Transcribed from A Standard History of Kansas and Kansans, written and compiled by William E. Connelley, Secretary of the Kansas State Historical Society, Topeka. Chicago: Lewis Publishing Company, copyright 1918
MICHAEL FLOERSCH. In the year 1854, the late Michael Floersch, then a young man of twenty-one years, came from Missouri to Kansas and homesteaded a claim in the Pottawatomie country. He had been reared in Missouri, where his parents had settled on coming to the United States when he was eight years old. He was born in Germany, in 1833, and was reared in the faith of the Catholic Church, to the teachings of which he consistently adhered through a long, active and exemplary career. When Mr. Floersch came to Kansas he was without capital other than indomitable courage, unlimited energy and worthy ambition, but these served to carry him through the first few years and served as the foundation upon which his fortunes were builded.
At the time of his arrival Mr. Floersch pre-empted land in Pottawatomie County and began to develop a farm. He succeeded, not only in the formation of a large and valuable country estate, but in co-operating with strong and capable men in the business world, and in addition to being a skilled and thrifty farmer and a large live stock dealer, was prominent in business affairs. As a pioneer of Kansas, he took a conspicuous part in the development of the section of the state that was so fortunate to secure the benefit of his judgment and foresight and to be the scene of his business activities. The Town of Flush, in Pottawatomie County, is located on land formerly a part of his farm, and the town was named in his honor, but the Federal postoffice department changed the name from Floersch to Flush because of easier spelling. True to his religious training, Mr. Floersch donated grounds for the Catholic Church parish house and cemetery at Flush and always continued to be a generous and ready responder to appeals for contributions for worthy movements. In politics he was a republican, but he never cared for nor held public office. He and his wife reared a family of five sons and two daughters. In 1896 Mr. Floersch retired from farm life and removed to Omaha, Nebraska, for the purpose of raising his youngest son, now Doctor Floersch, of Topeka, Kansas. The death of Michael Floersch occurred at Omaha, in January, 1906, when he was seventy-two years of age.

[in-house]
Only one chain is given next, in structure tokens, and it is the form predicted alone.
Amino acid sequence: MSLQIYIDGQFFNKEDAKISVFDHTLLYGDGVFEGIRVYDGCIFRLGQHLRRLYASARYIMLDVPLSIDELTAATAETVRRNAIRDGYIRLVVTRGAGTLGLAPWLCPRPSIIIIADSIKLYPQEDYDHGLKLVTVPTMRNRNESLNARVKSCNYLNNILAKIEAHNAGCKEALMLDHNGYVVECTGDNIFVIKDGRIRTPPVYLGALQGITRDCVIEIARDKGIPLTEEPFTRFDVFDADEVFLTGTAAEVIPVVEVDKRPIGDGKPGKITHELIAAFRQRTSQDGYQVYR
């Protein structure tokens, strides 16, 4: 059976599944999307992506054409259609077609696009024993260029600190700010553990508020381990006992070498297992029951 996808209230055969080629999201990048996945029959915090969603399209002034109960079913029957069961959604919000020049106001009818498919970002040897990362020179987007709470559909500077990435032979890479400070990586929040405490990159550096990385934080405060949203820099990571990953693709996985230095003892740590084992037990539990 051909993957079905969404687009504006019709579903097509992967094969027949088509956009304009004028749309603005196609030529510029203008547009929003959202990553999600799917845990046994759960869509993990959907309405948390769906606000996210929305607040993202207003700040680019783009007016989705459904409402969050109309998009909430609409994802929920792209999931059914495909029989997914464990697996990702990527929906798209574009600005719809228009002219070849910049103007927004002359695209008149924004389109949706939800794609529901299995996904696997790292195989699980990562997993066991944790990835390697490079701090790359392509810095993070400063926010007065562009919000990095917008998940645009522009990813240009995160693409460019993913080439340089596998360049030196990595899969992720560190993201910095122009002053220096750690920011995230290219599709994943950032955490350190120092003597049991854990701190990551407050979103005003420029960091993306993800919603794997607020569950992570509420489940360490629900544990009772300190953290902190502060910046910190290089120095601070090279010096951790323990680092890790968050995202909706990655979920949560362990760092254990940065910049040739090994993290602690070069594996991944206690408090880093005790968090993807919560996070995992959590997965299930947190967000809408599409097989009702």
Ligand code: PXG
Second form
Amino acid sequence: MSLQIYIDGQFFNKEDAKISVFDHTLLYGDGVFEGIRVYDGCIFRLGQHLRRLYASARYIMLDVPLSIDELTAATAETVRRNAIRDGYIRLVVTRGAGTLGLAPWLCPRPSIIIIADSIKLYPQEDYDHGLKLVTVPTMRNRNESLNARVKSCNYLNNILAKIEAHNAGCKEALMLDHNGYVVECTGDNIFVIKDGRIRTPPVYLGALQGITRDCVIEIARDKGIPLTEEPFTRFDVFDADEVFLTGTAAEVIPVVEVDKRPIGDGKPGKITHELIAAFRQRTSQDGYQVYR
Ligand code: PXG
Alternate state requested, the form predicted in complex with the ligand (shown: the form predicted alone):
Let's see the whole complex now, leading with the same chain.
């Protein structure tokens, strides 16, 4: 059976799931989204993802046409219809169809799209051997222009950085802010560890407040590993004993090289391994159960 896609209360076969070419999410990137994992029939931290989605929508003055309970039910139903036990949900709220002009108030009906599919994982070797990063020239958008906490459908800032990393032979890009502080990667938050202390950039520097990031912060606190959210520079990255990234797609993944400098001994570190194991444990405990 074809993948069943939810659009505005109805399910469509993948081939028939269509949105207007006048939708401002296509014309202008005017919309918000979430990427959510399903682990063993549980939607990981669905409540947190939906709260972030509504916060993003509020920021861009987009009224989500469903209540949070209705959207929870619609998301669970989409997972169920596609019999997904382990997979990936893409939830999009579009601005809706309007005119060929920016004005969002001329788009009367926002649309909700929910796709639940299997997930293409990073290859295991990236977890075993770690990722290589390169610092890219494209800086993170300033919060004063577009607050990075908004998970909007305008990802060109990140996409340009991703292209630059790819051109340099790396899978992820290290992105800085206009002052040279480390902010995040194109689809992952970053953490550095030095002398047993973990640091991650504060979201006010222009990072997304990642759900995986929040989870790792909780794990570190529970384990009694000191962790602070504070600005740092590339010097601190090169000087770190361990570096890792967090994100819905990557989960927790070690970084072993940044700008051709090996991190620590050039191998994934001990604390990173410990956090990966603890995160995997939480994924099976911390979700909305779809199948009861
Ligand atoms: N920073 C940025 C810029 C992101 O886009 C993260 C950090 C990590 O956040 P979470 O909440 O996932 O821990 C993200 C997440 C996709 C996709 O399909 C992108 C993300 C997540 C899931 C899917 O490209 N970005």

Joseph B. Floersch, president of the Union National Bank of Manhattan, Kansas, is a worthy son of an honored father. He was born on the homestead place in Pottawatomie County, Kansas, September 28, 1864, and is a son of the late Michael and Mary (Dekat) Floersch. He was reared on the home farm, attended the public schools during the winter terms, and in 1884 was graduated from the splendid Catholic school at Saint Mary's, in his native county. At that time he engaged in farming not far from his father's place, but April 15, 1889, removed to Manhattan, Kansas, where he has since made his home and where he has been engaged in the banking business for a period of more than twenty-seven years. On coming to Manhattan, Mr. Floersch, in company with his father and other gentlemen, organized the Union National Bank, of which he became bookkeeper. From that position he worked his way steadily to the position of president, which office he assumed in 1906, having been for six years previous to that time the cashier of the institution. Politically he adheres to the principles of the republican party, but is not a politician and has not sought preferment at the hands of his party. In church faith, like his father, he is a communicant of the Catholic Church and has always been a generous supporter thereof, as well as of the cause of education.
In 1893 Mr. Floersch married Miss Mary C. Donnelly, and they have one of the largest, handsomest and most modern homes of Manhattan, a city of fine residences, among whose prominent and highly esteemed citizens they have long been numbered.
Additional notes about Michael Floersch provided by Gene Floersch in 2006.
Transcribed from volume 4, pages 1801-1802 of A Standard History of Kansas and Kansans, written and compiled by William E. Connelley, Secretary of the Kansas State Historical Society, Topeka. Chicago: Lewis Publishing Company, copyright 1918; originally transcribed 1998, modified 2003 by Carolyn Ward.
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